Greene's Outboard Motor and Boat Company circa 1957. Photo courtesy of Andy Greene.

[Editor’s Note:  This article was first written in 2014.  Since that time, Andy Greene has become the Management Consultant for Angler’s Choice Marine three stores. His mother Rose passed on 27 April 2021.  I want to thank the family for hosting me back at that time when I was collecting information for this story as well as for helping me edit this piece to make it more current.]

The headline, The First Family of Bass Boat Legends, may seem a bit out of place considering many people think Forrest and Nina Wood were the first family of bass boat legends. It’s a good argument since Ranger was one of the first companies to manufacture bass boats.

But when it comes down to it, a boat company isn’t worth the fiberglass on the production line without a venue to promote, market, and sell their products. This is where boat dealerships come into play, and you would be hard-pressed to find a dealership, then or now, that’s as legendary as Greene Boat and Motor of Spindale, NC.

At the height of the bass boat market in the ‘80s and ‘90s, Greene’s sold over 1,000 bass boats per year – yes folks, that’s a “one” followed by “three” zeroes – or an average of 3.2 bass boats per day for a 6-day work week. That number doesn’t include other boats like jon boats, pleasure craft or aluminum V-hulls. I’d challenge you to find a boat dealership that had anything close to those sales numbers – ever. Does the headline make a little more sense now?

For those of you who have been bass fishing from the ‘70s on, it would be hard not to know of Greene’s, no matter where you lived in the United States. Their full-page ads in national magazines, such as Bassmaster, commanded attention with phrases like, “Number 1 Ranger Dealer in the World,” or “Over 200 Boats in Stock.” They truly were the giants of the retail boating industry for many years and because of that you can’t talk about the history of bass fishing and bass boats without talking about Greene Boat and Motor.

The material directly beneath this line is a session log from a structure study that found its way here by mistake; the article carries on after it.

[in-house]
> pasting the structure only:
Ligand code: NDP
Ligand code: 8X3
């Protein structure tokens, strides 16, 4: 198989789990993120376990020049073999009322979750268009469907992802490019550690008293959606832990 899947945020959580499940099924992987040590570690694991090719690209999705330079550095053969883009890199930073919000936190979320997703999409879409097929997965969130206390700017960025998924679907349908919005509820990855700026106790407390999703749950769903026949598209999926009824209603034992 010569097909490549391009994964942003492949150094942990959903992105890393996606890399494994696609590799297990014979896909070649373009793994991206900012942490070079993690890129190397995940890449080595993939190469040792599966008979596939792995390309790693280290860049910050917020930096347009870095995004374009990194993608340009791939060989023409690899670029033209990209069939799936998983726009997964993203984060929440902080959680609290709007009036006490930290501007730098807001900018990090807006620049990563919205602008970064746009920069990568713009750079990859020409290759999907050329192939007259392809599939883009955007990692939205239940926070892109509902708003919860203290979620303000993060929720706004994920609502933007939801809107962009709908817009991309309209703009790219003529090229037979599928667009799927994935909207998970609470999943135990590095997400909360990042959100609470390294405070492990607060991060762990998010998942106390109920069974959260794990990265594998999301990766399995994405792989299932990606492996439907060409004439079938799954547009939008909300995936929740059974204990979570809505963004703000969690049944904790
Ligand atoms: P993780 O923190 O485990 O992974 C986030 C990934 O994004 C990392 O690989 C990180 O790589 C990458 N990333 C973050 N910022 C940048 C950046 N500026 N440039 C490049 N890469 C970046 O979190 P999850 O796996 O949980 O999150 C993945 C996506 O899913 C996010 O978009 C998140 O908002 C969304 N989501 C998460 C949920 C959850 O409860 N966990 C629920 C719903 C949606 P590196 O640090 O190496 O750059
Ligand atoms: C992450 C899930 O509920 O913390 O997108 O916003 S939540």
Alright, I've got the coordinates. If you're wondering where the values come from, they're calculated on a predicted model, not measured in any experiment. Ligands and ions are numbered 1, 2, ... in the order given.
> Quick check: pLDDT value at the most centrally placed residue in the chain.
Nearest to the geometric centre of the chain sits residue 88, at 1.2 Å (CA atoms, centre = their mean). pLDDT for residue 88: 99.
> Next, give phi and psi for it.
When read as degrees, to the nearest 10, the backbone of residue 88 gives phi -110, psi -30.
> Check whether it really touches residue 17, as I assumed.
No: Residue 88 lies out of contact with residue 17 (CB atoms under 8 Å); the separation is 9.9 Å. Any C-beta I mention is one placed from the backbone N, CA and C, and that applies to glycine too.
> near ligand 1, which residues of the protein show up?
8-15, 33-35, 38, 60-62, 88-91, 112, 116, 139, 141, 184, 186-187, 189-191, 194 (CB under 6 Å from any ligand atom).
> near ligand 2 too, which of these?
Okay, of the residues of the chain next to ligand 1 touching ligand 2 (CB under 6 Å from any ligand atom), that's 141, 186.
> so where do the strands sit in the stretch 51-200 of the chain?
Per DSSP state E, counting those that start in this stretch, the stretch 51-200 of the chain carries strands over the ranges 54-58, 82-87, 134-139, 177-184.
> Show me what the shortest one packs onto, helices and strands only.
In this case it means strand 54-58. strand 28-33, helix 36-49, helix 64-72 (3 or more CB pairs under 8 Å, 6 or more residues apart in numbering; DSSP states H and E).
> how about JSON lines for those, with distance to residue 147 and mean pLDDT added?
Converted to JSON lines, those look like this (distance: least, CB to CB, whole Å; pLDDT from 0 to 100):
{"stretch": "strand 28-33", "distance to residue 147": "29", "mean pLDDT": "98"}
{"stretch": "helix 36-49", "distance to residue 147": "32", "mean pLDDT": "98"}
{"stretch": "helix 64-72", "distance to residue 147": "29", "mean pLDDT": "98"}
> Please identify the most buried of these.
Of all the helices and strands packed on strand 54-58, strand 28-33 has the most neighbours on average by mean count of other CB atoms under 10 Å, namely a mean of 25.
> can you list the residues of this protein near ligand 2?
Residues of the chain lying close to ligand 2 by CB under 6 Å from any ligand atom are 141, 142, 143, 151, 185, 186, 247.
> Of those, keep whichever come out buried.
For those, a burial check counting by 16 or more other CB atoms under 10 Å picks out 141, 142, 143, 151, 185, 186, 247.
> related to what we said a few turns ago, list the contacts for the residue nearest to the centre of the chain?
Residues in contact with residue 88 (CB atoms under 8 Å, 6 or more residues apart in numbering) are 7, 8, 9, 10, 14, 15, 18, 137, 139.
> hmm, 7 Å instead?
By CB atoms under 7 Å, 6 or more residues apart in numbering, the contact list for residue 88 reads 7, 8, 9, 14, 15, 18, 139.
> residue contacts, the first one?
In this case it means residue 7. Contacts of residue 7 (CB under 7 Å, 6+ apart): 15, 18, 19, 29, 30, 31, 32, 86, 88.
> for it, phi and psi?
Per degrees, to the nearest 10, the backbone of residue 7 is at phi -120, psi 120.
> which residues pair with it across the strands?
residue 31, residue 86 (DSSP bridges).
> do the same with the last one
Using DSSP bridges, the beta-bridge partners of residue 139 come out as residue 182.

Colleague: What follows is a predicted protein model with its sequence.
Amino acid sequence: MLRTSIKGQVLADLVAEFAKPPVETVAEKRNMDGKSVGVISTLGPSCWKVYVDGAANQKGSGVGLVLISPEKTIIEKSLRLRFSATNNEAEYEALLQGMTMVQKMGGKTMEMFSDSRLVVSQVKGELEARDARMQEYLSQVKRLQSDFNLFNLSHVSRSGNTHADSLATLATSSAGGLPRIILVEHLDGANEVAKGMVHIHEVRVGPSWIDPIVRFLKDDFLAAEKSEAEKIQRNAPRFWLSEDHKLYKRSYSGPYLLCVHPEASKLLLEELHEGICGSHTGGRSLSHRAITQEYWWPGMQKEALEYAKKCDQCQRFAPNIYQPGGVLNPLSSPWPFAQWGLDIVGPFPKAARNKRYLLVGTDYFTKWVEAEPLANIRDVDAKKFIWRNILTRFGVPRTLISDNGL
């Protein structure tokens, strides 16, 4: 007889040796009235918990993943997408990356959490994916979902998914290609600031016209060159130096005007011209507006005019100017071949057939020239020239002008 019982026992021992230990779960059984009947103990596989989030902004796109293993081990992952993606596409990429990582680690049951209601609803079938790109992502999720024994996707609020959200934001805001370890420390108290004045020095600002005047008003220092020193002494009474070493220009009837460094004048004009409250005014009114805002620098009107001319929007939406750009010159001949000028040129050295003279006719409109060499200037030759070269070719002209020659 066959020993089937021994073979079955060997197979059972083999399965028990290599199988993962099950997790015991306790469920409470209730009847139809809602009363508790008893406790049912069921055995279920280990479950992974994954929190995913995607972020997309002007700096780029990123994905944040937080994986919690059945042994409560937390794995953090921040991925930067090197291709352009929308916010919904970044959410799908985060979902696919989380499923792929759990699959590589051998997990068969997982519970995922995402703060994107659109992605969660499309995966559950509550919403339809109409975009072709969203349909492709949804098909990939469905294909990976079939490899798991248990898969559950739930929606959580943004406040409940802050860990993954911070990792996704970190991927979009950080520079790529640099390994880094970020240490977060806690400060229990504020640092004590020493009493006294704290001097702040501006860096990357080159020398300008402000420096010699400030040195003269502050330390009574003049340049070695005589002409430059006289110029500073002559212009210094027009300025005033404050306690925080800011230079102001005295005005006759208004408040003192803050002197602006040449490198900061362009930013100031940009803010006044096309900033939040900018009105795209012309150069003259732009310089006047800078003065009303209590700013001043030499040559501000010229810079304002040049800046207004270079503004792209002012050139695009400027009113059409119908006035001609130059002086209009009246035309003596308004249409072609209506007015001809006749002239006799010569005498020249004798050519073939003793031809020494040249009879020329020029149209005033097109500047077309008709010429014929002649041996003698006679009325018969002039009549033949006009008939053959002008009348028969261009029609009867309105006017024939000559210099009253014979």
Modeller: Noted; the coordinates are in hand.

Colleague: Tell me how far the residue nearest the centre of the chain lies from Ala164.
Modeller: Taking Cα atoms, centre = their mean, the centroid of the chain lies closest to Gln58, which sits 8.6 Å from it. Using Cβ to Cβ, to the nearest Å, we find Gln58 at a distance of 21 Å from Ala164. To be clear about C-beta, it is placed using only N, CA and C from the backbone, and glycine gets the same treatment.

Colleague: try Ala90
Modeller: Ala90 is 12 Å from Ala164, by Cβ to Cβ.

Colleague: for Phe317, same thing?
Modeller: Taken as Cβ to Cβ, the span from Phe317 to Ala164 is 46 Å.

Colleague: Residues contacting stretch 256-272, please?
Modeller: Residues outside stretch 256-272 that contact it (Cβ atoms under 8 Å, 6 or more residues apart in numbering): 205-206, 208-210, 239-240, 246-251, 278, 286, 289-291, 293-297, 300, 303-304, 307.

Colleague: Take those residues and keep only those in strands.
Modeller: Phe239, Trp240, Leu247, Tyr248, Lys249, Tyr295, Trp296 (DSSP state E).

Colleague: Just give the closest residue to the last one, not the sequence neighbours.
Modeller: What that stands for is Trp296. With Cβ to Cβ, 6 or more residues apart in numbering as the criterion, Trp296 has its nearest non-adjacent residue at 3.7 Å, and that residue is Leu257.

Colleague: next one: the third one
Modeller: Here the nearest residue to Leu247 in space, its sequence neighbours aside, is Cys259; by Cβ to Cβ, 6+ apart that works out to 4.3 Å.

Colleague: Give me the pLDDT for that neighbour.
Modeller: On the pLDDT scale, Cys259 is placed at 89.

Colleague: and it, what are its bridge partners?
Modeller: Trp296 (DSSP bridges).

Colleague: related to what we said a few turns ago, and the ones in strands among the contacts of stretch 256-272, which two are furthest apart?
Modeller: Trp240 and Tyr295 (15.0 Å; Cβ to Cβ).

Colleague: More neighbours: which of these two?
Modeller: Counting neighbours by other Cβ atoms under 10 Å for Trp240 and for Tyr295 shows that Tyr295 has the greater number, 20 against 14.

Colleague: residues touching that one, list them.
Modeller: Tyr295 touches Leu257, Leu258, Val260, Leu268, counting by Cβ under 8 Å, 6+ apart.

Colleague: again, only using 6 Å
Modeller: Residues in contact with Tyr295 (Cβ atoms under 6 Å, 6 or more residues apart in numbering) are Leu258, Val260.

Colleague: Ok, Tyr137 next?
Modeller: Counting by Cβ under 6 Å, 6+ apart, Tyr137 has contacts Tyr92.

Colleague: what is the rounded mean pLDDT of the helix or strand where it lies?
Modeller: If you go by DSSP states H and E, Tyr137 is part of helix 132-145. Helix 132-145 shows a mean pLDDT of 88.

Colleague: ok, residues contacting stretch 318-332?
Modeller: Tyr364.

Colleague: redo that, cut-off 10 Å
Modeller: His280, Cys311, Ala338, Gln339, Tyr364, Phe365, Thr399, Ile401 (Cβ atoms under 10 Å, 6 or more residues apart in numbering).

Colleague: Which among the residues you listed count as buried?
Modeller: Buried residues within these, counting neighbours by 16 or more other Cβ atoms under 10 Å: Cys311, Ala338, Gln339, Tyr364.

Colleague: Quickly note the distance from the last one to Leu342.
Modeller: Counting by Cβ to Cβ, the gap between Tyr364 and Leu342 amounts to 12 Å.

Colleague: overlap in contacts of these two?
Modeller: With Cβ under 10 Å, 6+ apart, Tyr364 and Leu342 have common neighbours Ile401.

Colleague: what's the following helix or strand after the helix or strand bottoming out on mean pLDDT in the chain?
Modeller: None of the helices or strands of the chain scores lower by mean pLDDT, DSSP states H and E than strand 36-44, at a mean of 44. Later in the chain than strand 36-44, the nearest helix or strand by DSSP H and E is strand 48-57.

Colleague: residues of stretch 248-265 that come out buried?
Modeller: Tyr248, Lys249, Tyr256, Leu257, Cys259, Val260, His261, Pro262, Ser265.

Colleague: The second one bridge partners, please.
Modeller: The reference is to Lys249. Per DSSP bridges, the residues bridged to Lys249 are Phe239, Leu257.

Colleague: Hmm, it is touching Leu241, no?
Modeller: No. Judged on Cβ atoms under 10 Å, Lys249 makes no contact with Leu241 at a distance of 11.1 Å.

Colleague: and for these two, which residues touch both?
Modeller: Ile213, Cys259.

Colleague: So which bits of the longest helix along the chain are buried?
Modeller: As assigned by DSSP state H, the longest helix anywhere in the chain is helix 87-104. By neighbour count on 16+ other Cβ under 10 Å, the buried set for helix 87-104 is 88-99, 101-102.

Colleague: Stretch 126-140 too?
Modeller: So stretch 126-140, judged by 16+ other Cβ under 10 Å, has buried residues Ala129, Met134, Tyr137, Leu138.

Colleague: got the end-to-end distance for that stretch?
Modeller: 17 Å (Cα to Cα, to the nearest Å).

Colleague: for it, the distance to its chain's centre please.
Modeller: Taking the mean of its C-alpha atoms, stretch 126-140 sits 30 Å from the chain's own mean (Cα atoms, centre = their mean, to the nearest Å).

For this story, I made the trip to Spindale to meet with Greene matriarch Rose and her son, Andy. It was my first time to their dealership. Upon driving onto the property, you can’t help but get goose bumps. The property still reflects those earlier days – old manufacturer signs, early bass boats in the back lot and other historical memorabilia you can only find at a place that’s “been there, done that.” If it were allowed, the place would be a bass fishing “pickers” dream pick.

Greene Boat and Motor in 1986 after building Hubert's dream bass boat dealership. At any time they would have over 300 bass boats on the lot. Photo courtesy of Andy Greene and family.

Moving into the facility you notice right away the floor and building design is like no other boat shop. There are old tournament trophies displayed on the wall, dated pictures of anglers holding giant bass, and a fully refinished, early 1970s Ranger TR-10 bass boat – fully rigged with the equipment of the time. Walk into the main office and you’ll see Hubert Greene’s coveralls – so many patches attached you’re hard pressed to find the actual cloth they’re sewn on. You can tell, just by looking around, this place is important.